Finally, legislation should ensure real-world evidence augments, rather than replaces, clinical trials fulfilling postapproval study requirements. FDA-funded research suggests only half of studies could be conducted using sources such as electronic health records or medical claims data in place of traditional clinical trials. In another published study, we found that none of the required postapproval studies for accelerated approval drugs could be emulated using such sources of evidence. Although real-world evidence can provide new insights, especially for patients underrepresented in clinical trials, our current health systems are not yet ready to be used as the sole source of data for the rigorous and reliable evaluations necessary to confirm drugs’ benefit.

In the clinic and on the wards, we are frequently called upon to interpret the relevance of clinical trials for our patients. This essential act of translation, from abstract to individual, is made significantly more challenging by the absence of data on the outcomes most relevant to patients — on months lived, hospitalizations shortened, and adverse outcomes avoided. Strong standards for FDA approval are necessary to ensure new drugs reach market in service of these goals.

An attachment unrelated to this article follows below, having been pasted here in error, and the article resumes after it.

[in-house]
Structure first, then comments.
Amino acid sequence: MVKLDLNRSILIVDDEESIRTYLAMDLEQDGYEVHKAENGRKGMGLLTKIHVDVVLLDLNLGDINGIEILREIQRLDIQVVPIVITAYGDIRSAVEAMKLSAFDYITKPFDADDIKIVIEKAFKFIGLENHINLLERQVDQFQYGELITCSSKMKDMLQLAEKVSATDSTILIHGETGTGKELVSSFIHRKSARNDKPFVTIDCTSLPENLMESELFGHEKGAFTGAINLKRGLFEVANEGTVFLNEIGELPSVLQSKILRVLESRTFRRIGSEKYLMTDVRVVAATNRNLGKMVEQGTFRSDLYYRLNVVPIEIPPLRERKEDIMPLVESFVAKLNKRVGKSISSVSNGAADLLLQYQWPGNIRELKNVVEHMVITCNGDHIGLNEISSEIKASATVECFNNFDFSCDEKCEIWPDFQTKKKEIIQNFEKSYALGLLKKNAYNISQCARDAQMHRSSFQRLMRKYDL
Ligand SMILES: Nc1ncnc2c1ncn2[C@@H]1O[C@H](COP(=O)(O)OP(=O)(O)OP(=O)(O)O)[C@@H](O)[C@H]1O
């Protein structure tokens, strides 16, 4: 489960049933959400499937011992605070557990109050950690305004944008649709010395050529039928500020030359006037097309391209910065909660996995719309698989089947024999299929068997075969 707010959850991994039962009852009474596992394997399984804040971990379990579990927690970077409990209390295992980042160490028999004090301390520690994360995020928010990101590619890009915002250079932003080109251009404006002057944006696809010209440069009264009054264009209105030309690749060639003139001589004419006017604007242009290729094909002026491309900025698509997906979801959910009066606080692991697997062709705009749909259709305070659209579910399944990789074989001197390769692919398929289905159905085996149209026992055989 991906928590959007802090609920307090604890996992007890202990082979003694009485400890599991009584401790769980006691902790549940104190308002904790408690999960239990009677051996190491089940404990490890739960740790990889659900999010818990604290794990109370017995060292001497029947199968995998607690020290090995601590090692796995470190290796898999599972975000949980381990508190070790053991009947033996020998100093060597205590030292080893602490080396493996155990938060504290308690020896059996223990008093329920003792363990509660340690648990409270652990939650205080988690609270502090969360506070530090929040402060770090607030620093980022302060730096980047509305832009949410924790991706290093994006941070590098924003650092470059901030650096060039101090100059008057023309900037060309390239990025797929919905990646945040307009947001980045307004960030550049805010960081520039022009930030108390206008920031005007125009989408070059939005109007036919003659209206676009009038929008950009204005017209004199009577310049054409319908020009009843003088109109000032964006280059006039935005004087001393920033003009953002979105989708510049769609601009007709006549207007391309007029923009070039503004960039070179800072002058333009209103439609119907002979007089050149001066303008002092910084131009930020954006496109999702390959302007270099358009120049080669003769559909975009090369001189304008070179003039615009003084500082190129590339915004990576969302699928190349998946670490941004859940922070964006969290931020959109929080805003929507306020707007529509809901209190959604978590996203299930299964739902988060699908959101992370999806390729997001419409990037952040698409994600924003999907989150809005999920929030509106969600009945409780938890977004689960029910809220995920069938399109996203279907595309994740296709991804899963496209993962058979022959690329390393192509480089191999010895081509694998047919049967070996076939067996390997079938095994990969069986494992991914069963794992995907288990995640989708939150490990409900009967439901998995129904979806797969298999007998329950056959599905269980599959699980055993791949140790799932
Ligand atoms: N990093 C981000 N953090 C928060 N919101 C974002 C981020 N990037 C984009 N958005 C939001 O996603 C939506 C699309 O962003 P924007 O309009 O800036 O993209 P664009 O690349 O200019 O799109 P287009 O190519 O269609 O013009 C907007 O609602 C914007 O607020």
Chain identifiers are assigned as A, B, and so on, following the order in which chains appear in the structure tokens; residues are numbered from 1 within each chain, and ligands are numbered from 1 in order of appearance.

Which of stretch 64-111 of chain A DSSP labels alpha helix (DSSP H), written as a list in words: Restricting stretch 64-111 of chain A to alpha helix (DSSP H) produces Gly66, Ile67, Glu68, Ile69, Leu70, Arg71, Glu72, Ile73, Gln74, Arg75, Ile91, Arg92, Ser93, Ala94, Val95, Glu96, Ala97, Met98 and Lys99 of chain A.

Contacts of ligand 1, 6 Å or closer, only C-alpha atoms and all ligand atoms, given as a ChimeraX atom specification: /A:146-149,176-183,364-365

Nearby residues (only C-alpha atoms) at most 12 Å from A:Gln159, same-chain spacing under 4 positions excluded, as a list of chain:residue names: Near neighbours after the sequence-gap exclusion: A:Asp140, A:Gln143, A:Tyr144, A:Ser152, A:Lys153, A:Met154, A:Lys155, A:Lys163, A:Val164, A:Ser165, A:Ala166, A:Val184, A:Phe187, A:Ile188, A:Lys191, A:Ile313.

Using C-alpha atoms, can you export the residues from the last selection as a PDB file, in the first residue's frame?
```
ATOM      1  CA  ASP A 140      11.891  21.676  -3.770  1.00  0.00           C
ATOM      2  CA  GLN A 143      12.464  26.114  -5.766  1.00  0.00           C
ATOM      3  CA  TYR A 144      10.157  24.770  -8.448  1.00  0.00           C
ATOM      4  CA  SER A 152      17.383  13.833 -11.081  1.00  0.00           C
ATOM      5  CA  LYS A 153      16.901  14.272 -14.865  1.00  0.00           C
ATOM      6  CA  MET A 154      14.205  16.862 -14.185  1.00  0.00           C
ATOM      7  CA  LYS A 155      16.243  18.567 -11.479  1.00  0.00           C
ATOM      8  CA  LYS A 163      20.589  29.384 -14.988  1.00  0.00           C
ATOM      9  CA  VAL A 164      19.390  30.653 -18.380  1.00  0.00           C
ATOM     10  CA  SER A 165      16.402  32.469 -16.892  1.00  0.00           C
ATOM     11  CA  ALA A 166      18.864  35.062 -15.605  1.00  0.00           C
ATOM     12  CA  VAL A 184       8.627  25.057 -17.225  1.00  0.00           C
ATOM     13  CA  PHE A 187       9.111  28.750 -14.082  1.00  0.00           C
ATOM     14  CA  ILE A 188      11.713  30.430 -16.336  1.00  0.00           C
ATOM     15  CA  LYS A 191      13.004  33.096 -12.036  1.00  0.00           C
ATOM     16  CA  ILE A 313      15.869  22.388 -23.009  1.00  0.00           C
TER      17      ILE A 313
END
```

Joshua Skydel, MD is a resident physician in internal medicine at Dartmouth-Hitchcock Medical Center and led the study described in the op-ed. He is also a member of the Doctors for America FDA Task Force. Joseph S. Ross, MD, MHS is a Professor of Medicine and Public Health at Yale University with over two decades of research experience in pharmaceutical regulation, pricing, and reimbursement policy. He also receives research funding through Yale University from the FDA. Reshma Ramachandran, MD, MPP is a family medicine physician and fellow in the Yale National Clinician Scholars Program. She also leads the Doctors for America FDA Task Force.